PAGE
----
Yesterday was Palm Sunday, commemorating the day that Jesus rode humbly into Jerusalem to shake up an unjust world order. Even before I had any spiritual understanding of Jesus, he was, and remains, my social justice hero. He was a man of courage, integrity, humble confidence, conviction and deep regard for the dignity of all human beings, especially those who have neither vine nor fig tree to sit under.
Of course, he and his work were infused by a power far greater than his mortal form. He was both man and God. My understanding is that we are too.  No, we may not possess the level of enlightenment, selflessness and pure connection to the Divine that Jesus did, yet we are “made in the image of God.” We, too, have the power of God inside us and supporting us. We, too, are here to create a more just world. I could be wrong, but I’m pretty sure Jesus was frustrated with his disciples for not realizing that they, also, were capable of doing what he did and dying for what they believed in. They had a choice, though – whether to acknowledge and use this power, or not. 
From the beginning of humanity, the world has needed people – like Jesus, like my niece – who are willing and ready to create a far better place than one in which young girls are raped and tossed aside like trash. I believe God needs all of us to help Him and has equipped us with divine might to do so.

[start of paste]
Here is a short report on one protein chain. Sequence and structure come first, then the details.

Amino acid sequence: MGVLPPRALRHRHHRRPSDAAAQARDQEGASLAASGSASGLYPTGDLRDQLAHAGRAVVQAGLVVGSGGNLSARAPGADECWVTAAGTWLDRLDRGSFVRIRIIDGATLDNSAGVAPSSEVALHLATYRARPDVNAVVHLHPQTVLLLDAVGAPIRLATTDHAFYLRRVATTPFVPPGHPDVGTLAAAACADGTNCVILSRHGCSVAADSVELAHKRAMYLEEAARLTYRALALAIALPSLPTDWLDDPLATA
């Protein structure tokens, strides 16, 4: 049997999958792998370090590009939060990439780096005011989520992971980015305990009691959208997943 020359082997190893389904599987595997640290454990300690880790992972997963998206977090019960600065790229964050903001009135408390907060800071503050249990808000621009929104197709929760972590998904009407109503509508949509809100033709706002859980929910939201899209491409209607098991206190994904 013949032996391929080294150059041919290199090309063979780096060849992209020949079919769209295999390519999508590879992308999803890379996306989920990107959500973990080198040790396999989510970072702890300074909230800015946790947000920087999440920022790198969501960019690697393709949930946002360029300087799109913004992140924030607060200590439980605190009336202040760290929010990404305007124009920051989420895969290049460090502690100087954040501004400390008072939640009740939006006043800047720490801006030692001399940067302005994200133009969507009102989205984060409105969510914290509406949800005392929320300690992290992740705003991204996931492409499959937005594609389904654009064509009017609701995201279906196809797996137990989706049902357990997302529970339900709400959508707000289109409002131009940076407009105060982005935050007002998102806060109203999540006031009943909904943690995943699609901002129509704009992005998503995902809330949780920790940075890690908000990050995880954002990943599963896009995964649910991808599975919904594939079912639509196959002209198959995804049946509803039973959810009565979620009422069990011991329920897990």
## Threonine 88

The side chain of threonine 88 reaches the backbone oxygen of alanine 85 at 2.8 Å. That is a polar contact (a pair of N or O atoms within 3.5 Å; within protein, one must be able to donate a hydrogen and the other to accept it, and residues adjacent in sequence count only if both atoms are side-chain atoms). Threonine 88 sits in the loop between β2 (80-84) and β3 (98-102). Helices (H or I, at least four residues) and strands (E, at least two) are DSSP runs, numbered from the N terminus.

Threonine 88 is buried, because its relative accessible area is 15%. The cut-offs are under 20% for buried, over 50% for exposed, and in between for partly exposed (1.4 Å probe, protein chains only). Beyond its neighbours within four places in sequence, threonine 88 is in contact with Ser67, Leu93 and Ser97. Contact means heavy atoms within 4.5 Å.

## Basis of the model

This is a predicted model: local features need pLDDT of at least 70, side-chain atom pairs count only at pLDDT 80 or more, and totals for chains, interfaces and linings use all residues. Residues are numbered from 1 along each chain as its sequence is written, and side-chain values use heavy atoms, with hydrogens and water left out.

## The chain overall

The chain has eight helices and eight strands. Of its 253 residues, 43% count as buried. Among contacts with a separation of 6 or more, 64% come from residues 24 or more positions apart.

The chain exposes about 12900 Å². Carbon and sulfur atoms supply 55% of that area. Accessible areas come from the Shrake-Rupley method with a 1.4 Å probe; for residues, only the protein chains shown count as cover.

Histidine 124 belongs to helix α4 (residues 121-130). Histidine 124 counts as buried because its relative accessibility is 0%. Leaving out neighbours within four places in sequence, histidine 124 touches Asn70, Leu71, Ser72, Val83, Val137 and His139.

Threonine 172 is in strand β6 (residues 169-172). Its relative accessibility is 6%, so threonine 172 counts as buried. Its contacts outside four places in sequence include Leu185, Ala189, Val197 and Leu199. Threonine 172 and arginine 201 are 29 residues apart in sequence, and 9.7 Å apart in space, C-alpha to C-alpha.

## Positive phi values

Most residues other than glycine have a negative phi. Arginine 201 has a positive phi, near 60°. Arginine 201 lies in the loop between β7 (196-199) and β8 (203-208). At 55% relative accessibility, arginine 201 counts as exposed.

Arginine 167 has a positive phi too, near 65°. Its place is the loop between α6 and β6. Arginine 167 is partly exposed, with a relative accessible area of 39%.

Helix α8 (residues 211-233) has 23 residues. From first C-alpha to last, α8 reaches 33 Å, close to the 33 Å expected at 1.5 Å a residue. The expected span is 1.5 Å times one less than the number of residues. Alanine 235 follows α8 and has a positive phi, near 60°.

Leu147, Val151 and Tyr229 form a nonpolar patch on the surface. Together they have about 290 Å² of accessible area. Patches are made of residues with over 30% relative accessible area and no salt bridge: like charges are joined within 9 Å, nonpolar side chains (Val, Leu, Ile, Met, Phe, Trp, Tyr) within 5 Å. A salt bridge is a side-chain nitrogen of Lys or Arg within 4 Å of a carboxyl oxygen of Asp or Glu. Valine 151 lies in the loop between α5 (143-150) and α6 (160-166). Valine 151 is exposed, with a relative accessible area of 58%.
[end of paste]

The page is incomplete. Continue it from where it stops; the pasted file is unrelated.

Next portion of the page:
Wrestling With It

March 9, 2010

My priest recently told me I didn’t have to be an expert in Christian scripture to begin incorporating it into my writing and workshops when I feel doing so would deepen the experience. He told me to “just get in there and wrestle with it”. His advice came as a huge relief, because I’ve been feeling uneasy about bringing in passages from the Bible – the whole of which I’ve not read. I don’t even fully understand the literal interpretations of what I have read. However, some of its words have been speaking to me at a deeper level and I’m using my weekly writings to work out their meaning in relation to my life and soul.
For the past 13 months, I’ve been on a journey with this platform. What started as a marketing tool transformed into an offering. I decided to start giving what I had to give. I believe God asks us to share the resources we have – money, food, inspiration, courage or care – whatever our wealth of the moment may be. The intent of this blog is to share what is opening my mind, body and spirit, in case something I’ve experienced could be of value to your heart. And vice versa: for you to share your wisdom and questioning with me.
Because God has played a central role in every significant growth period of my life, I want to acknowledge what I believe is the golden ticket to personal and spiritual development. I’d like to explore not only my understanding of God, but yours as well.
I’m scared, though. I’m afraid you (and my family) will think I’ve become a crazed evangelist. Even worse, I fear sounding like an amateur evangelist because of my lack of expertise in the teachings of Jesus and God’s other messengers. I’m considering attending divinity school to be able to base my work upon a vast history of knowledge and inquiry, yet for now, I’m simply diving in and “wrestling with it.”  
My heart and thinking will continue to be influenced by meditation, yoga, innumerable books, the moving worship traditions of other religions, and the Divine Feminine. For me, God is everywhere.
The Jesus I believe in is anything but limiting. I’m beginning to think he was and is far deeper and more magical and mystical than usually portrayed. One of my girlfriends said the other night, “What’s the point of it all without the magic?” I love that perspective.

That is what I’d like to explore with you, going forward. Where is the magic of God found in your life?